3. Divining chain.  This is a slightly modified version of the coin-based method, where four coins or disks are linked together in a chain.  Rather than throwing the coins individually, the chain itself is flung, tossed, or thrown in such a way that each coin falls on a different side.  The only example I can find of this in Western-style divination is the (possibly spurious) Chain of Saint Michael, where four saint medallions are chained, one to another, and connected to a sword charm, but a corollary to this can be found in the Yoruba divination methods of Ifá, using something called the ekuele (or ekpele, or epwele, depending on whether you’re Cuban or Nigerian and how you feel like spelling it).  There, you have four pieces of cut shell that can fall mouth-up or husk-up, or four pieces of metal that fall on one of two sides; notably, the ekuele has eight coins on it so that the diviner-priest can throw two figures at a time, but that’s because of the specific method of Ifá divination, which is only a distant cousin to geomancy and shouldn’t actually be mixed with our techniques.
  4. Dice.  Again, a pretty straightforward method: roll a single die four times, or four different dice one time.  If a given die is an odd number, use a single point; if an even number, use two points.  Some people use four different-colored cubical dice (e.g. red for Fire, yellow for Air, blue for Water, green for Earth), but I prefer to use tabletop RPG dice that come in different shapes.  For this, I use the associations of the Platonic solids to the classical elements: the tetrahedron (d4) for Fire, octahedron (d8) for Air, icosahedron (d20) for Water, and cube (d6) for Earth.  Like Poke Runyon aka Fr. Therion, you could use four knucklebones for the same purpose, as each knucklebone has four sides (traditionally counted as having values 1, 3, 4, and 6).  Dice are easy, the tools fit in a tiny bag which can itself fit into a pocket, and nobody is any the wiser if you just pull some dice out and start throwing them on a street corner.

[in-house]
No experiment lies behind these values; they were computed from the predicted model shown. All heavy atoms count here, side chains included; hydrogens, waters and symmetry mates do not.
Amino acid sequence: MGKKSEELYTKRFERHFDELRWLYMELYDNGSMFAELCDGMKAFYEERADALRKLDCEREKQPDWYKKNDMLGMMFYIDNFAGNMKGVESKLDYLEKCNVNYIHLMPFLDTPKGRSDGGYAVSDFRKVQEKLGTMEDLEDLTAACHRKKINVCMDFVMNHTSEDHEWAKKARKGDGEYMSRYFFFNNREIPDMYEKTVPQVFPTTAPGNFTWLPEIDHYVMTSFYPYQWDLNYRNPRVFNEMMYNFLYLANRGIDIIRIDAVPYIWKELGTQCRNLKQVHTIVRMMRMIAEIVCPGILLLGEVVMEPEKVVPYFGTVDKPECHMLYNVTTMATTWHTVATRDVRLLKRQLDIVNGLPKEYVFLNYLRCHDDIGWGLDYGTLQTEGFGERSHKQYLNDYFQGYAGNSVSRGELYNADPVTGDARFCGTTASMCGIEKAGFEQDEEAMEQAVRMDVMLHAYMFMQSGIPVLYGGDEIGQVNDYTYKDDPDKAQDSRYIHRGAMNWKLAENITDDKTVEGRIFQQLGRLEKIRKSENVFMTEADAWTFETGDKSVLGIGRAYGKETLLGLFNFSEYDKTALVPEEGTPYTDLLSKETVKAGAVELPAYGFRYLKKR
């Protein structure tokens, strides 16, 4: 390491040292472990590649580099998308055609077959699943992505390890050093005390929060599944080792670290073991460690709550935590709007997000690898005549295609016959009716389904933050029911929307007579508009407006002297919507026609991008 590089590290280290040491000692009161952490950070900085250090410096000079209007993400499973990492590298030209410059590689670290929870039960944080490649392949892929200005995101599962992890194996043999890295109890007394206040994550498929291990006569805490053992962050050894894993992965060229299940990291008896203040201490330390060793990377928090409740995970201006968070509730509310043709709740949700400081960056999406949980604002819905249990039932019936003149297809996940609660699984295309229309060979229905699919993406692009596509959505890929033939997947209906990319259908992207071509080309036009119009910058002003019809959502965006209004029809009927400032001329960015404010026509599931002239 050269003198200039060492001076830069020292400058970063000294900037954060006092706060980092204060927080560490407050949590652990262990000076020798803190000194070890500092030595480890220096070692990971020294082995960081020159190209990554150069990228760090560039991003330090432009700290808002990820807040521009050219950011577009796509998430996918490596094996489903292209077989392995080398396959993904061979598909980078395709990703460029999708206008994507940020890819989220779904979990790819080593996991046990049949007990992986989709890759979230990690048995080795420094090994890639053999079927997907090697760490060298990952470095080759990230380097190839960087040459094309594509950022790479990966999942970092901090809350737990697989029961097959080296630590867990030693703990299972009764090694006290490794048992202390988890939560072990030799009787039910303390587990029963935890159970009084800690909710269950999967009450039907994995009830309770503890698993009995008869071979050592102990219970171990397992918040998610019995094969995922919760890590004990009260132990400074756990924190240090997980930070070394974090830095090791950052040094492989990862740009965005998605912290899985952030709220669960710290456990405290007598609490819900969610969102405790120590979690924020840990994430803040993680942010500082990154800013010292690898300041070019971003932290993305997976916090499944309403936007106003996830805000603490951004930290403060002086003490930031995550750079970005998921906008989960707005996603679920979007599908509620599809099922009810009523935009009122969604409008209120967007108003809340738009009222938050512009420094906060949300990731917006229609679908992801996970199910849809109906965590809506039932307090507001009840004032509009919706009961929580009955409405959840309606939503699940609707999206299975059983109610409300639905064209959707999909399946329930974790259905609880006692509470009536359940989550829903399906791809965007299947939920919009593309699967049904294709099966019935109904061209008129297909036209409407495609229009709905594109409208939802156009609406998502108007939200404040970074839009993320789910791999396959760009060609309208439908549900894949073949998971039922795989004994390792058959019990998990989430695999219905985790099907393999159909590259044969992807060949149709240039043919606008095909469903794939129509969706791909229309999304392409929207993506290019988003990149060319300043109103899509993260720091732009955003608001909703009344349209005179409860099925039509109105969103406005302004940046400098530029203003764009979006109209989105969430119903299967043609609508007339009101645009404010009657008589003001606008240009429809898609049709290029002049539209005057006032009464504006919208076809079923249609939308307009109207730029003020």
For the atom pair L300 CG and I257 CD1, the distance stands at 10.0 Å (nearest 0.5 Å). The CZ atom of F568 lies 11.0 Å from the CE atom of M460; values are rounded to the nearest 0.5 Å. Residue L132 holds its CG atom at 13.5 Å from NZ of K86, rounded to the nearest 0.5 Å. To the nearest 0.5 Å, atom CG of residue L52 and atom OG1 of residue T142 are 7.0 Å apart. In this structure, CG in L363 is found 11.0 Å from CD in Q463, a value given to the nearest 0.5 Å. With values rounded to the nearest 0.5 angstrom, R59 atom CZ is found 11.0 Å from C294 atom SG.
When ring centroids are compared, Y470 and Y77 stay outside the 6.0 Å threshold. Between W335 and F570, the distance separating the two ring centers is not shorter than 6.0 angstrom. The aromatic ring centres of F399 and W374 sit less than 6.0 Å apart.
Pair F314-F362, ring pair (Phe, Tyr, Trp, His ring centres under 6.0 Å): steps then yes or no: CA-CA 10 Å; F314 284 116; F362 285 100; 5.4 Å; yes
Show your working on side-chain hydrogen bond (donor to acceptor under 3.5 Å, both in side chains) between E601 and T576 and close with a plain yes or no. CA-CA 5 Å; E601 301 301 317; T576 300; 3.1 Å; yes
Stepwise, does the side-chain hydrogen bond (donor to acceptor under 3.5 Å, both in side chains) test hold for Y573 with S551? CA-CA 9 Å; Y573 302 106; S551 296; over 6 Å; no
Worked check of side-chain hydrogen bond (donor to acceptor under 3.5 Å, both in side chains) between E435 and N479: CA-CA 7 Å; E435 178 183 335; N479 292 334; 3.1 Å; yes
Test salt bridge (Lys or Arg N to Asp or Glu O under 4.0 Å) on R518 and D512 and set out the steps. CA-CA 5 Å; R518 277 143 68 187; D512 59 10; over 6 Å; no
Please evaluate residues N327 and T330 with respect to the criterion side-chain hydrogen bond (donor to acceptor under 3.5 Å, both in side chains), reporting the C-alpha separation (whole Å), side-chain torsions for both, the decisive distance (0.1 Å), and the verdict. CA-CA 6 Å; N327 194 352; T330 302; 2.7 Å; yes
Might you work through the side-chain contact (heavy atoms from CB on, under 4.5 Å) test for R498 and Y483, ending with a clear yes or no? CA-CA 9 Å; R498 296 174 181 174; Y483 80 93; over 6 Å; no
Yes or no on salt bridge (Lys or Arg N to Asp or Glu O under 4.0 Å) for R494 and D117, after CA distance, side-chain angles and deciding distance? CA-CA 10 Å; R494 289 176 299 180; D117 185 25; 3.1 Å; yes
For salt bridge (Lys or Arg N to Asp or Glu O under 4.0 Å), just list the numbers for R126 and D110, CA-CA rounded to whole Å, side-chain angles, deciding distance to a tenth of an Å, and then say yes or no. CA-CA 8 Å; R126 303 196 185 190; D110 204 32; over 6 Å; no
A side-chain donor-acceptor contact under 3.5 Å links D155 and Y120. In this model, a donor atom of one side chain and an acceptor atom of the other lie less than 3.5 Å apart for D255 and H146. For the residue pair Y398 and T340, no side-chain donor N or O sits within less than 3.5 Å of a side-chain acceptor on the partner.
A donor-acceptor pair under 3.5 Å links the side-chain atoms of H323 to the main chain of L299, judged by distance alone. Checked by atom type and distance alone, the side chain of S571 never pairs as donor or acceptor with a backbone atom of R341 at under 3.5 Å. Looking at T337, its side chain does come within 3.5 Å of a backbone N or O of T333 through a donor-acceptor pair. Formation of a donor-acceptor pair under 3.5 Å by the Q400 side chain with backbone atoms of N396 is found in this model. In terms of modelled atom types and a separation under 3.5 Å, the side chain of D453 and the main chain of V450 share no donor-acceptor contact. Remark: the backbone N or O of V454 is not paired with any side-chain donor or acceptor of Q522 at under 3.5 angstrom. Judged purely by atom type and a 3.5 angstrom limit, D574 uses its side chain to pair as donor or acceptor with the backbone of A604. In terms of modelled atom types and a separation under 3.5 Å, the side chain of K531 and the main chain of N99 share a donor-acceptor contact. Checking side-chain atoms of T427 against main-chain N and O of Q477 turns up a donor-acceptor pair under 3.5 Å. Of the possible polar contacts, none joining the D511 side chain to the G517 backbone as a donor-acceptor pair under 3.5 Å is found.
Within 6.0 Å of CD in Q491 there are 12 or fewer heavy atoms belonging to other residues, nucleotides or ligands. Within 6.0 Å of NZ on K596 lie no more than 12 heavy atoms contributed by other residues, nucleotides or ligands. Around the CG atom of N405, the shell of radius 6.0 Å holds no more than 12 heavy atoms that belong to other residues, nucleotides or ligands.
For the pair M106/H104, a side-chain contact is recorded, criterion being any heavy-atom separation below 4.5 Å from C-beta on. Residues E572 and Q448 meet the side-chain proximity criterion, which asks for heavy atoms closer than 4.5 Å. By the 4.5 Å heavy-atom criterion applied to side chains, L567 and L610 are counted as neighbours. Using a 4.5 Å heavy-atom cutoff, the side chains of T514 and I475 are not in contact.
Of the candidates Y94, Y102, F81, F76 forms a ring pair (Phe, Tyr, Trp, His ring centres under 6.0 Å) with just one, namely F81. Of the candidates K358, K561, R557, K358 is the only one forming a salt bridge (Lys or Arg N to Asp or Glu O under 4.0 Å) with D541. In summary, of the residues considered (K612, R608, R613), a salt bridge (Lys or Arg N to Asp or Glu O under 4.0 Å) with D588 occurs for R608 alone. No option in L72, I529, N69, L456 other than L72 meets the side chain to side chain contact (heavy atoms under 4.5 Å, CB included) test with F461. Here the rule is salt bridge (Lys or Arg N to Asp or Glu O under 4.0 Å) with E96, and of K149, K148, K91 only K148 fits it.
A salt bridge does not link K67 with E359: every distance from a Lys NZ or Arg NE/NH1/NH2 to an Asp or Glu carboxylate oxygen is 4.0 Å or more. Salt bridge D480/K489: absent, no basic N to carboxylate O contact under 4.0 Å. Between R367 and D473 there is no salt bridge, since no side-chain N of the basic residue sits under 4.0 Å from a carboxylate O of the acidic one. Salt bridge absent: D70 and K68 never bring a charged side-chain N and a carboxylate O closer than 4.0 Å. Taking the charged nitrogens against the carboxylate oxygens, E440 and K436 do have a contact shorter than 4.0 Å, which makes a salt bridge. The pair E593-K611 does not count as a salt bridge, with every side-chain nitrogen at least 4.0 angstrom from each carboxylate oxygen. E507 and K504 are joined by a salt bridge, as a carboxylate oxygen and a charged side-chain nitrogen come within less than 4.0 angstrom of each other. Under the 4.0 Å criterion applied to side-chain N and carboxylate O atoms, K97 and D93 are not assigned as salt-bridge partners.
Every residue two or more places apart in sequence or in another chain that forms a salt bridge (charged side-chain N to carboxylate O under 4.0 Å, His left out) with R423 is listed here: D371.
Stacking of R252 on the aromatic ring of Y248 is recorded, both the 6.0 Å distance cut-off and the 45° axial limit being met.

5. Counting tokens.  This is a similar method to using dice, but a more general application of it.  Consider a bag of pebbles, beans, or other small mostly-similar objects.  Pull out a random handful, and count how many you end up with.  If the number is odd, give the corresponding row in the geomantic figure a single point; if even, two points.  This is a pretty wide and varied set of methods; you could even, as Nigel Pennick proposes, pull up four potatoes from a field and count whether each potato has an odd or even number of eyes on it.  The idea here is to use something to, again, get you a random number that you can reduce into an odd or even answer, and isn’t really different from using dice, except instead of being presented with a number, you have to count a selection of objects obtained from a collection.  In a sense, both the dice and counting token methods can be generalized as using any random-number generator; you could use something like random.org to get you four (or sixteen) random numbers, to which you simply apply the odd-even reduction; such a generator can be found using this link.